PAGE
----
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The Buckshot War: The capitol in Harrisburg was the scene of its own political insurrection in 1838


Capitol Building 9

National Guard troops and Capitol Police fortify the Pennsylvania Capitol complex in Harrisburg Sunday. Threats made by white nationalist and Donald Trump-supporting groups ahead of Wednesday’s inauguration of President-elect Joseph R. Biden have led to increased security in state capitols across the country.

Fearing for his life, Charles Bingham Penrose fled down the ladder from the back room of the Pennsylvania Senate chamber in Harrisburg.

The Carlisle man was lucky. He made it outside just as seven or eight men rushed in and crowded around the window.

“[They were] uttering the most atrocious threats of vengeance,” Penrose said. “Finding that I had escaped, they commenced a pursuit, from which I was fortunately sheltered by the darkness of the night and the shadow of one of the public buildings.”

Friends had warned Penrose of threats they had overheard from the mob that had gathered in the gallery, on the floor and in the lobby outside the chamber that dreary afternoon and evening of Dec. 4, 1838.

Pennsylvania Capitol closing in Harrisburg; more security being added

Fast-forward 182 years and the Capitol complex in Harrisburg is closed under increased security by police and National Guardsmen amid warnings of possible armed protests leading up to the Inauguration this Wednesday of President-Elect Joe Biden.

Parallels exist between what happened in Pennsylvania in 1838 and what is happening now across the country in the aftermath of the 2020 presidential election.

Tensions ran high that day in December as hundreds of angry men converged on the state capital amid a dispute over returns from Philadelphia following the October 1838 election.

That morning, the state House had split itself into two factions over the controversy of which party — Democratic or Whig — should have majority rule. Crowds representing each side went over to the Senate to lend their weight in numbers to the outcome.

Hopes of good order started to dim as soon as speaker Penrose called the assembly to order around 3 p.m. The sky was overcast, barely illuminating the room.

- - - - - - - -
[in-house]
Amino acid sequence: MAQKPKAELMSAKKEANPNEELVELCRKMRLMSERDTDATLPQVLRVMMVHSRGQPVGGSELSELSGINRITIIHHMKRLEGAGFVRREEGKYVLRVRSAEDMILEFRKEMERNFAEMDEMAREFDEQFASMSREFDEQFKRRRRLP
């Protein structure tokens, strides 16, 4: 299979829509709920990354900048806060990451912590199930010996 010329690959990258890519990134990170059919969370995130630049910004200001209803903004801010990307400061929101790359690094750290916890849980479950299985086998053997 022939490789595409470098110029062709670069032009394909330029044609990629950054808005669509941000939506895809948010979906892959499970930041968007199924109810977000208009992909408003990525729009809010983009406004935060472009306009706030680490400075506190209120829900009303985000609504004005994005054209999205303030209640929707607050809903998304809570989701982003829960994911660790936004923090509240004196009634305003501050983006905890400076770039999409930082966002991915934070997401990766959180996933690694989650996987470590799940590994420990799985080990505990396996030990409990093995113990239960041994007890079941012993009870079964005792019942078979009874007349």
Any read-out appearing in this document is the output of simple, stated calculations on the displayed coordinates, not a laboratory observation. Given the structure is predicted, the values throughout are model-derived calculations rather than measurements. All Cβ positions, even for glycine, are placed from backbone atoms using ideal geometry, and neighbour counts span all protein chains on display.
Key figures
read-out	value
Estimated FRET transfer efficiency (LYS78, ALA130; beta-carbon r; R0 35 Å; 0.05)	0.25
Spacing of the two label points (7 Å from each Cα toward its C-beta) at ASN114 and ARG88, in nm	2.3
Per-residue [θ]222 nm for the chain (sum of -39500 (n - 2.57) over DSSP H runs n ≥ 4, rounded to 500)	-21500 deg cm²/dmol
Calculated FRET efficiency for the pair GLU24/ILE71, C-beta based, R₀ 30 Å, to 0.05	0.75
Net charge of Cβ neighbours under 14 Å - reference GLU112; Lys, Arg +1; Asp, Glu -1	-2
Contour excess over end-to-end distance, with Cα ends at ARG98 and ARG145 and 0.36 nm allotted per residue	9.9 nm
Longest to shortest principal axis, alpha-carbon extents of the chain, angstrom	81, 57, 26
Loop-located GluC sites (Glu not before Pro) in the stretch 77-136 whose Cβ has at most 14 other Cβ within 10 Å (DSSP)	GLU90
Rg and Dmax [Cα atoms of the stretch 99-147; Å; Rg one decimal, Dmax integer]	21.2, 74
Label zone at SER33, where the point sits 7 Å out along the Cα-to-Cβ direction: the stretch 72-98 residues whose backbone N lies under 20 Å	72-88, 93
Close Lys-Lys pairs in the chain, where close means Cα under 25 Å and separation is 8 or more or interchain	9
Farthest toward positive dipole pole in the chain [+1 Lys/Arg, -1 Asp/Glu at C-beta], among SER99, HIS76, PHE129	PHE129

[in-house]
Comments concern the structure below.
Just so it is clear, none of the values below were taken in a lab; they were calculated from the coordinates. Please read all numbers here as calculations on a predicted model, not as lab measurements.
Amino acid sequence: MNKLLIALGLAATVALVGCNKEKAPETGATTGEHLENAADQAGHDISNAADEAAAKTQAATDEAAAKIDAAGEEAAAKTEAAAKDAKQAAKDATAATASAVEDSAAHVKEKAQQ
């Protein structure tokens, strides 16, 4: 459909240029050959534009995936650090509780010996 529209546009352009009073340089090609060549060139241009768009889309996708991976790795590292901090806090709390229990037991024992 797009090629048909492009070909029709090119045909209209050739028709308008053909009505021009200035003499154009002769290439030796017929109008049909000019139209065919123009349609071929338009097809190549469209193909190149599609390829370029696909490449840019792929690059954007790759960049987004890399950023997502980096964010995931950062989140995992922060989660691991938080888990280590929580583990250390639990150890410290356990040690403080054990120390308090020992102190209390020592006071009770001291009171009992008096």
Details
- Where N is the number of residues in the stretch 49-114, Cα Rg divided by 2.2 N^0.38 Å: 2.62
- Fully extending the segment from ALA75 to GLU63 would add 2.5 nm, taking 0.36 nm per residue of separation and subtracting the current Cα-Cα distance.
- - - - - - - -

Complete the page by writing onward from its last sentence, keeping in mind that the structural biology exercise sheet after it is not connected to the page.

Charles Bingham Penrose

Charles Bingham Penrose 

“Not long after, it became so dark that it was necessary to light the lamps in the chamber,” Penrose said. “As the light of day declined, the spectators became more turbulent and interrupted the proceedings. These symptoms of tumult were repressed, but it soon became obvious, there was in the gallery a large body of men who possessed the physical power and inclination to compel the Senate to act according to their will.”

At first, the behavior was limited to claps, shouts and hisses, but then Democrat Charles Brown wanted to address the Senate. He was a candidate from Philadelphia whose election was in dispute.

A Whig, Penrose refused to yield the floor to Brown, only to make a bad situation worse.

“On this refusal, they filled the chamber with cries of ‘Hear him, hear him’ and ‘Go on, Brown, go on,’” Penrose said. Mixed in among the shouts of encouragement were calls for the assassination of the speaker. There was plenty of bad blood to go around.

“Skilled manipulator”

It was widely believed among Democrats that Penrose was involved in a scheme by the Whig Party to defraud Pennsylvania voters of their rights and to distort the election results from key Philadelphia precincts that showed that the Democrats had won the majority of seats.

In 1882, the American Volunteer, a Carlisle newspaper with Democratic leanings, published a five-part series describing the role Cumberland County played in what history would call the Buckshot War. The name came from the ammunition issued to militia troops who were rushed to Harrisburg in response to the crisis.